London hospital ‘opens critical care surge ward to cope with demand’

An ambulance sits outside the Accident and Emergency department of Guy's and St Thomas (File picture)  (Getty Images)
An ambulance sits outside the Accident and Emergency department of Guy's and St Thomas (File picture) (Getty Images)

A London hospital has been forced to open a critical care surge ward to cope with the number of seriously ill patients, according to a report.

Guy’s and St Thomas’ Hospital NHS Trust said its Edward ward at St Thomas’ hospital would open for “critical care surge capacity” on Thursday, the Sunday Times reported.

A leaked email obtained by the newspaper said that beds in the surge ward would be staffed by a full critical care team.

The Edward ward is a medical inpatient and plastic surgery ward.

A spokesperson for Guy’s and St Thomas’ said: “As part of existing plans for this winter and due to refurbishment works on one of our critical care wards, alternative space for critical care patients has been made available in St Thomas’.

“Our hospitals are very busy and we would encourage everyone who is eligible to get a flu jab and COVID booster this winter.”

Surge wards were used by hospitals during the Covid pandemic to ramp up capacity. The Royal Preston Hospital in Lancashire last year transformed its staff canteen into a surge ward to deal with a rising demand for beds.

It comes after the Standard reported how London A&Es are experiencing their worst ever winter crisis, with record waits for treatment in A&E and for ambulances.

Several trusts across the country have declared critical incidents in recent days, with a surge in flu cases piling further pressure on the health service.

Analysis of NHS figures by the Evening Standard found that paramedic crews in the capital lost the equivalent of 3.5 months as a result of handover delays in the week up to December 25, a rise of more than 12 per cent compared with a month earlier.

And more than 7,150 Londoners waited more than 12 hours to be admitted to A&E in November alone, an increase of 46 per cent in three months.

Prime Minister Rishi Sunak on Wednesday acknowledged there were “challenges” in A&E and that the public would be “understandably anxious when they see ambulances queuing outside hospitals”.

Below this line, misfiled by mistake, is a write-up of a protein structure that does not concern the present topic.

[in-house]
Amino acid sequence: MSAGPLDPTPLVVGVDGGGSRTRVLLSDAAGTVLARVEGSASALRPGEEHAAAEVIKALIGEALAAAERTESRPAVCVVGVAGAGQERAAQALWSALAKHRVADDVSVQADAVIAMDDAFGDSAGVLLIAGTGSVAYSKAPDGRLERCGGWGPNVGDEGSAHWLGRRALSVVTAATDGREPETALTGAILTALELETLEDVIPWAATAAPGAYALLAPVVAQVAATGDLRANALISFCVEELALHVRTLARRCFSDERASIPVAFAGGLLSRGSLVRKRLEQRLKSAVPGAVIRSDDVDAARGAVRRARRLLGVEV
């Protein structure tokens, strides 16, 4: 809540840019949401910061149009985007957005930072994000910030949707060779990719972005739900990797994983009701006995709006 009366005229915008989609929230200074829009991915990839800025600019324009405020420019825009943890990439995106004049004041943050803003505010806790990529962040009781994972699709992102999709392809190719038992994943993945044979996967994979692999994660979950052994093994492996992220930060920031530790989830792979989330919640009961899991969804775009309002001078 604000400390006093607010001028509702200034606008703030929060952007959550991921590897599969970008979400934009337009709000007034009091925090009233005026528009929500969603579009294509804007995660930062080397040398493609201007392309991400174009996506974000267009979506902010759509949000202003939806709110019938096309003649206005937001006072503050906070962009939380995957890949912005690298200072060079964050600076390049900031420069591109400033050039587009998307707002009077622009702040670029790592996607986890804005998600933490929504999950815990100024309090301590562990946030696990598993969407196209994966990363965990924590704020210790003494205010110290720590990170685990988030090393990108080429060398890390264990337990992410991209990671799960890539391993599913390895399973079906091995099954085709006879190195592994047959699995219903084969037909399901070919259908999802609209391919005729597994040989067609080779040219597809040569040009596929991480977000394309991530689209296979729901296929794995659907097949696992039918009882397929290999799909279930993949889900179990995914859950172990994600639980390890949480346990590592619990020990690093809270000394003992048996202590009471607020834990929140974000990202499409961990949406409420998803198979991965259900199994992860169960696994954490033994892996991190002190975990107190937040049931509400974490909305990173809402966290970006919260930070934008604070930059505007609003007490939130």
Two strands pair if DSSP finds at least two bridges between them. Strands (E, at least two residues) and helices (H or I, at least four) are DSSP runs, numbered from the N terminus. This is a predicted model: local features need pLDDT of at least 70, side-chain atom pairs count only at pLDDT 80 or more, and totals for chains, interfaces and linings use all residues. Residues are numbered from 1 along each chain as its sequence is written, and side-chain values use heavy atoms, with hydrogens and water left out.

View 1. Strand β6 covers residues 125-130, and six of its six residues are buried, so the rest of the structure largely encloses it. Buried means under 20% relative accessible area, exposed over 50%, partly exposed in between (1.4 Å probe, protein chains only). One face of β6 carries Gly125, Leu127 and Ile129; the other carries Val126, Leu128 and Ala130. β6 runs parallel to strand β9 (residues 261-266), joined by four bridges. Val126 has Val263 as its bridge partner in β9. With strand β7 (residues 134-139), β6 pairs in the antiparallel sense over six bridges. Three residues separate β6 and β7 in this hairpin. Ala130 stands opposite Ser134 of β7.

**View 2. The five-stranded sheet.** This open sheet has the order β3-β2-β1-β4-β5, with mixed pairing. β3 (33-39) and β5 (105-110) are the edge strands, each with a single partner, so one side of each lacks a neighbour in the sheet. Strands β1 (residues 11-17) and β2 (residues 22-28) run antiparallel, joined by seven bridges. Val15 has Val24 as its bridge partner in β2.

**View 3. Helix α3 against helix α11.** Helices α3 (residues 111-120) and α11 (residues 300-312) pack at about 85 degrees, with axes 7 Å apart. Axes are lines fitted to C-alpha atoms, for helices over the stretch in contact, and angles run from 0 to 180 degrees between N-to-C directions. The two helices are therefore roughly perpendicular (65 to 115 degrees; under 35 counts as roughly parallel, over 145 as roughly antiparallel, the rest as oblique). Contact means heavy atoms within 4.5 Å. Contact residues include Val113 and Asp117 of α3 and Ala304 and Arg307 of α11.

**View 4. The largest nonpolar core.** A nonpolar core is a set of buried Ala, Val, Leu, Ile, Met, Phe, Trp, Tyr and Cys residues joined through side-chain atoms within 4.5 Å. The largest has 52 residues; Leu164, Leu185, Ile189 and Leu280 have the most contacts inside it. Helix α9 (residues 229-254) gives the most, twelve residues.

“You should know we’re taking urgent action,” he added.

Siva Anandaciva, chief analyst at The King’s Fund think tank, told the Standard: “Every winter in the NHS is challenging, but I’ve never seen it this bad in my career. I’ve lost count of how many years I’ve been analysing A&E and ambulance wait times and I’ve never seen figures like this in London.”

Matthew Taylor chief executive of the NHS Confederation, said that pressures on frontline staff were becoming “unbearable”.

He added: “They will be questioning whether the Prime Minister and his government, given how this - worst on record - winter crisis is unfolding before us, have truly understood the sheer scale of demand versus the capacity of the health service to deliver against it.”

NHS Providers’ director of communications Adam Brimelow said: “Trust leaders strive every day to make things better for patients and their staff have pulled out all the stops to tackle the longest waits for planned treatment and get back to pre-pandemic levels of activity in the face of chronic staff shortages and ever-growing demand.

“But these are extremely testing times for a health service under unprecedented pressure and we must be realistic about what can be achieved under current conditions. Services and staff are overstretched and the NHS is seeing the impact of a surge in flu cases on top of the usual winter challenges.”